Animals living in the wild are frequently subject to frightening events, including being hunted or injured by predators. This can impact their behavior, including how strongly they react to alarming stimuli, how much they eat, and how successfully they raise offspring after the frightening event. Recently, researchers from Western University, London in Ontario, Canada reviewed studies of how animals react to predator encounters and how this in turn impacts their ecosystem.
This review found that when an animal is afraid because of the presence of a predator, that animal will tend to eat less after the encounter. The effect is even larger if the animal is physically injured by the encounter. This was true in a variety of different animals, including songbirds, small mammals like mice and arctic squirrels, and larger mammals like deer and impala. In many animals, eating less means they later on gave birth or laid eggs less often, and fewer of the resulting young survived to adulthood. However, because they spent more time hiding rather than foraging, adult animals survived longer before being caught by a predator, giving them more opportunities to attempt to raise young.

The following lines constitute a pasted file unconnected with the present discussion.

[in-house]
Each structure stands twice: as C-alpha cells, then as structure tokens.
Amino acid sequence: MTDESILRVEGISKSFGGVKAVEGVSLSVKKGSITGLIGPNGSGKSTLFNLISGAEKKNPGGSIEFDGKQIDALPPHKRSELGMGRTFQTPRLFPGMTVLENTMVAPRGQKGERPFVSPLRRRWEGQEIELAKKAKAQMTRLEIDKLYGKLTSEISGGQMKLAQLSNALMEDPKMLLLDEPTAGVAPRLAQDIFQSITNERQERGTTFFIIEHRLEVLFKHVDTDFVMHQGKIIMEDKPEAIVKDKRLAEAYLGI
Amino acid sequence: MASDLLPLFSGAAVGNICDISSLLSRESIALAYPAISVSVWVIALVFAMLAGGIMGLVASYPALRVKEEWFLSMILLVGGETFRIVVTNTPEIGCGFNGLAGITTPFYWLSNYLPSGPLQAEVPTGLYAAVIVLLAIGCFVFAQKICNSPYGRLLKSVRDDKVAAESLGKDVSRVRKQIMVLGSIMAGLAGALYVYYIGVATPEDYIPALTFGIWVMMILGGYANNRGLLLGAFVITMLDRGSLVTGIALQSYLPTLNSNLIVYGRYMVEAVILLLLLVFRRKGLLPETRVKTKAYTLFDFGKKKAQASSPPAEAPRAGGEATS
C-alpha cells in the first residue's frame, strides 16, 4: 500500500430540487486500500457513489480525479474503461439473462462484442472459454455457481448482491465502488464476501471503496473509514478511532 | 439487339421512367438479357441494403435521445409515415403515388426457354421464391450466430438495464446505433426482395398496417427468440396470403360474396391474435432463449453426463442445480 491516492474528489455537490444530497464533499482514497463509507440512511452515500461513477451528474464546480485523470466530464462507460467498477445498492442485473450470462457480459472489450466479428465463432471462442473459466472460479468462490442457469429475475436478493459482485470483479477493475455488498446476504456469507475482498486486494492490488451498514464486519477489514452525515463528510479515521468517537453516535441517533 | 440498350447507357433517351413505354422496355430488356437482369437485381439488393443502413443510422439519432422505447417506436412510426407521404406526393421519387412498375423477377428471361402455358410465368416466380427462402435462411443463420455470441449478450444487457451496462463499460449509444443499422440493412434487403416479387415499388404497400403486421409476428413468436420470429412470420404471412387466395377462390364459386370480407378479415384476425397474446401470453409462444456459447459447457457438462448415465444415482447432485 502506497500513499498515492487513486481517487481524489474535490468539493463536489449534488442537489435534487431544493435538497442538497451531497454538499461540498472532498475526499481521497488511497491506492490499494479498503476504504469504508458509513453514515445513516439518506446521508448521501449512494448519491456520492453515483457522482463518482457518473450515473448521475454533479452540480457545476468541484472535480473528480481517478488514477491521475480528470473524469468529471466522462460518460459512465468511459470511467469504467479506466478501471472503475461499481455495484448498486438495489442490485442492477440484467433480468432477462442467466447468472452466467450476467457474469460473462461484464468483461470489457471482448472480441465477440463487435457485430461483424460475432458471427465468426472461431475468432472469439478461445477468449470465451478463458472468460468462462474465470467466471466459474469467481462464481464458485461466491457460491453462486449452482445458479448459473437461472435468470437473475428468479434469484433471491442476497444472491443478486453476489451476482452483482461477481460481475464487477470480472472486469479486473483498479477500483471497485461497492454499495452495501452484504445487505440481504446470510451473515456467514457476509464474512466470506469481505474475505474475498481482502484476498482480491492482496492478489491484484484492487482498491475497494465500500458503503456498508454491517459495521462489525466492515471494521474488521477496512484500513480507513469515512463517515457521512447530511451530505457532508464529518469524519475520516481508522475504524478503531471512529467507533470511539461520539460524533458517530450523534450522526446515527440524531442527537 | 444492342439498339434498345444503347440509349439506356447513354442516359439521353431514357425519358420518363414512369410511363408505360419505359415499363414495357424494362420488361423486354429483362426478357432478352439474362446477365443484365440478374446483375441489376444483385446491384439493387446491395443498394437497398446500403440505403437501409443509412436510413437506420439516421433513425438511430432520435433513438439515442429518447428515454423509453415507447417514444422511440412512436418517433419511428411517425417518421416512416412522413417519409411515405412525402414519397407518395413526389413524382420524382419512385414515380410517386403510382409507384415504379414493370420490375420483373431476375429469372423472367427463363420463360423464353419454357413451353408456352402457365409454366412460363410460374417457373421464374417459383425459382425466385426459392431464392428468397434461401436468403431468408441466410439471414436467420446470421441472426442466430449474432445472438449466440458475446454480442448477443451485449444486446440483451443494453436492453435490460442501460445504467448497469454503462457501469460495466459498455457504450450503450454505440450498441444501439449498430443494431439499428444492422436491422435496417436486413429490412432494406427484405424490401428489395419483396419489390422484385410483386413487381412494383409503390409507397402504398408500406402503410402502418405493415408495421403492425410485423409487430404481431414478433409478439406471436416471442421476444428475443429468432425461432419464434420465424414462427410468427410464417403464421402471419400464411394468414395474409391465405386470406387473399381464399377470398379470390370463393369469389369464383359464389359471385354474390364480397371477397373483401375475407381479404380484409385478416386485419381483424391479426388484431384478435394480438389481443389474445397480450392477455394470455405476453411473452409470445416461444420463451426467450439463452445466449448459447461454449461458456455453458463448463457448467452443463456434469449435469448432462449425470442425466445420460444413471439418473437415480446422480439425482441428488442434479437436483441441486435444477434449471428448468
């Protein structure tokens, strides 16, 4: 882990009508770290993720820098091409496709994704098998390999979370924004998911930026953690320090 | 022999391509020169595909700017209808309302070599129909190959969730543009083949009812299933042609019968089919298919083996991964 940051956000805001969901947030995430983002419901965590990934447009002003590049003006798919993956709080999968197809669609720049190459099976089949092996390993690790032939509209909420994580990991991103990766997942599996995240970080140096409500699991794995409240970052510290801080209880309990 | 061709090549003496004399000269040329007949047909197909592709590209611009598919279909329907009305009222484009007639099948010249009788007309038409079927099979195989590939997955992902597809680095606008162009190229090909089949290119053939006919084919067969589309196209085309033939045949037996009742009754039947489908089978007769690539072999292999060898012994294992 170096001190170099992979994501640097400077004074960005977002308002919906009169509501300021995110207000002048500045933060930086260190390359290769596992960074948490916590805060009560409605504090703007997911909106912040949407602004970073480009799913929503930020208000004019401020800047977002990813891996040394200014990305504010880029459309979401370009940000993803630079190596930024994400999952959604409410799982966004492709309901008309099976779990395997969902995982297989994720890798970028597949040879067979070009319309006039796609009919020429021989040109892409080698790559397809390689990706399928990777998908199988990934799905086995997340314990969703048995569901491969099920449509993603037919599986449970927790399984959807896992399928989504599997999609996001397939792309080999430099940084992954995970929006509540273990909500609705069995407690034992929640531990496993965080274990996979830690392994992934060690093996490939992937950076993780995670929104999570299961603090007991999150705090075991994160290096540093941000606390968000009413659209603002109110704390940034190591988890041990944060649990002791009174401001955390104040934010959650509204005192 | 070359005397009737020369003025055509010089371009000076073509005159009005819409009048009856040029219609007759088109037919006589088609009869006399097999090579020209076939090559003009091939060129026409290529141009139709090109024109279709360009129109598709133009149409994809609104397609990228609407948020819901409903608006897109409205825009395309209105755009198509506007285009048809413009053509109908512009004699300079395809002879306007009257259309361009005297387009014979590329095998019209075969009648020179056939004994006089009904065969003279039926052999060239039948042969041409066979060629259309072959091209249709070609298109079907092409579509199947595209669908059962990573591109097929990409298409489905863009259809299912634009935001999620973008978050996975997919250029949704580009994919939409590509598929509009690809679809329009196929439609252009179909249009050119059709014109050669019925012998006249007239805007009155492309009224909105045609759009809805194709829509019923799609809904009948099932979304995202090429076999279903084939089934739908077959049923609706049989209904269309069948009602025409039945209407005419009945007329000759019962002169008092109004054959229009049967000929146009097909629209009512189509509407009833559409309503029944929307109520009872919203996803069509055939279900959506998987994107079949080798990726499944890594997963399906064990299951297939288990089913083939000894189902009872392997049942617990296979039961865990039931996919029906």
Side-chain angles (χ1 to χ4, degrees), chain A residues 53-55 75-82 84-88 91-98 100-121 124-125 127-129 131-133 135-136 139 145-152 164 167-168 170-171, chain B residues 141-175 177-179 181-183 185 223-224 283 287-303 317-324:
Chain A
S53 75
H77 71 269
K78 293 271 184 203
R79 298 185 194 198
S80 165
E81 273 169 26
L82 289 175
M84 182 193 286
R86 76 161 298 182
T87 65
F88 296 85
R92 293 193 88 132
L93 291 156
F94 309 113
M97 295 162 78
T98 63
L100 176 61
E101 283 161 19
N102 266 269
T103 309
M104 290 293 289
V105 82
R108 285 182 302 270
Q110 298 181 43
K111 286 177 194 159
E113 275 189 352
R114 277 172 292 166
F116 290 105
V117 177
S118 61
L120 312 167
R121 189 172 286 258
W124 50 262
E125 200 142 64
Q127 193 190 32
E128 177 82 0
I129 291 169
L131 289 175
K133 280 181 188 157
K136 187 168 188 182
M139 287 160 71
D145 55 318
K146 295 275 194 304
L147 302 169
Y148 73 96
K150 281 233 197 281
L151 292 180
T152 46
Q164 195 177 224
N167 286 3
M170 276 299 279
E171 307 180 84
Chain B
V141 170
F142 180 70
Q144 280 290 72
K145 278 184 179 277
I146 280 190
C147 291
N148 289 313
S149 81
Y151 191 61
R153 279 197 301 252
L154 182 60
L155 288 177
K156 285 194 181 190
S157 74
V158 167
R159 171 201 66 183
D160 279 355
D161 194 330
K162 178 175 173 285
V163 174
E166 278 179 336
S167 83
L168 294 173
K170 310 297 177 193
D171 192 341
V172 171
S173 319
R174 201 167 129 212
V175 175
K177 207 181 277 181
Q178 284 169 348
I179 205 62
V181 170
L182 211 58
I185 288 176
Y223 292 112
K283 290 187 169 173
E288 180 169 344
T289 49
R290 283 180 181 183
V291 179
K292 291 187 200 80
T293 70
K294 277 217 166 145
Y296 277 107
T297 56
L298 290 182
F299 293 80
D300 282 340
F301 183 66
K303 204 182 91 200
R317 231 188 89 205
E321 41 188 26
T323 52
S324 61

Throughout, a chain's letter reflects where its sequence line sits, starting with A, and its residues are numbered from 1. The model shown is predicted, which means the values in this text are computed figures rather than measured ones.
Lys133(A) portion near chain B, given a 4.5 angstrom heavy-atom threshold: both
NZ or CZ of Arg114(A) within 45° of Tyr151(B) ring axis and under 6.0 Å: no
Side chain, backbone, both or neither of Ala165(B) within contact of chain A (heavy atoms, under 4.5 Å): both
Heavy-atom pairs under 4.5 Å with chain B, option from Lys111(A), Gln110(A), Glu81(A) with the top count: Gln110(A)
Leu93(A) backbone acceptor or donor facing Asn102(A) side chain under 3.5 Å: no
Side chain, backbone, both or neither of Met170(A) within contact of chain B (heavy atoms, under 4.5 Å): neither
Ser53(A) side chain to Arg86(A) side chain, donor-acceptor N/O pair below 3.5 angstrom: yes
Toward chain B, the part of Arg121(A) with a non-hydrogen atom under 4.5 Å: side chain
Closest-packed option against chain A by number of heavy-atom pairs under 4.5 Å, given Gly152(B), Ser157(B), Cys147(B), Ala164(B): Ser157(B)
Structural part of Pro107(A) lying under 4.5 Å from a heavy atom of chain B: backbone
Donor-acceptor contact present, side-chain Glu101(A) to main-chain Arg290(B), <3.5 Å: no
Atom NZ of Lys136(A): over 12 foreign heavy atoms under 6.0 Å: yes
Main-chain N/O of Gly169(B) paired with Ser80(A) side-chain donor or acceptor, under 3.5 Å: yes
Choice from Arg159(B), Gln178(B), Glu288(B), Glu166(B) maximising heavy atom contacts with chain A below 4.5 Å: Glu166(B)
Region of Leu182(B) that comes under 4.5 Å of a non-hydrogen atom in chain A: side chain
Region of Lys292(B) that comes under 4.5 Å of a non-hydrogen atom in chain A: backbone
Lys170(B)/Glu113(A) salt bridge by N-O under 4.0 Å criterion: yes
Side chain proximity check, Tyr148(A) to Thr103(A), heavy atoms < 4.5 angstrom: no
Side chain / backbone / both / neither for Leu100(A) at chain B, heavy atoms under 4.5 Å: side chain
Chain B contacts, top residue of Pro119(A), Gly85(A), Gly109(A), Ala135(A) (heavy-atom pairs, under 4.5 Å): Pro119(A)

Several of the reviewed studies also monitored changes in the brains of animals stressed by predators. Even long after the stressful event, these animals often showed increased stress hormones and more behavior indicating alertness to potential danger. There was also a decrease in new neurons forming in the parts of the brain that control fear, similar to the neurological changes seen in humans experiencing post-traumatic stress disorder, or PTSD. Further studies could examine the effects of fear in more animal species and in how these experiences can elucidate the effects of stressful experiences on humans.
First author Liana Y. Zanette is a professor at Western University studying the ecological effects of fear of predators.
Managing Correspondent: Emily Kerr
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Image Credit: NPS/Patrick Myers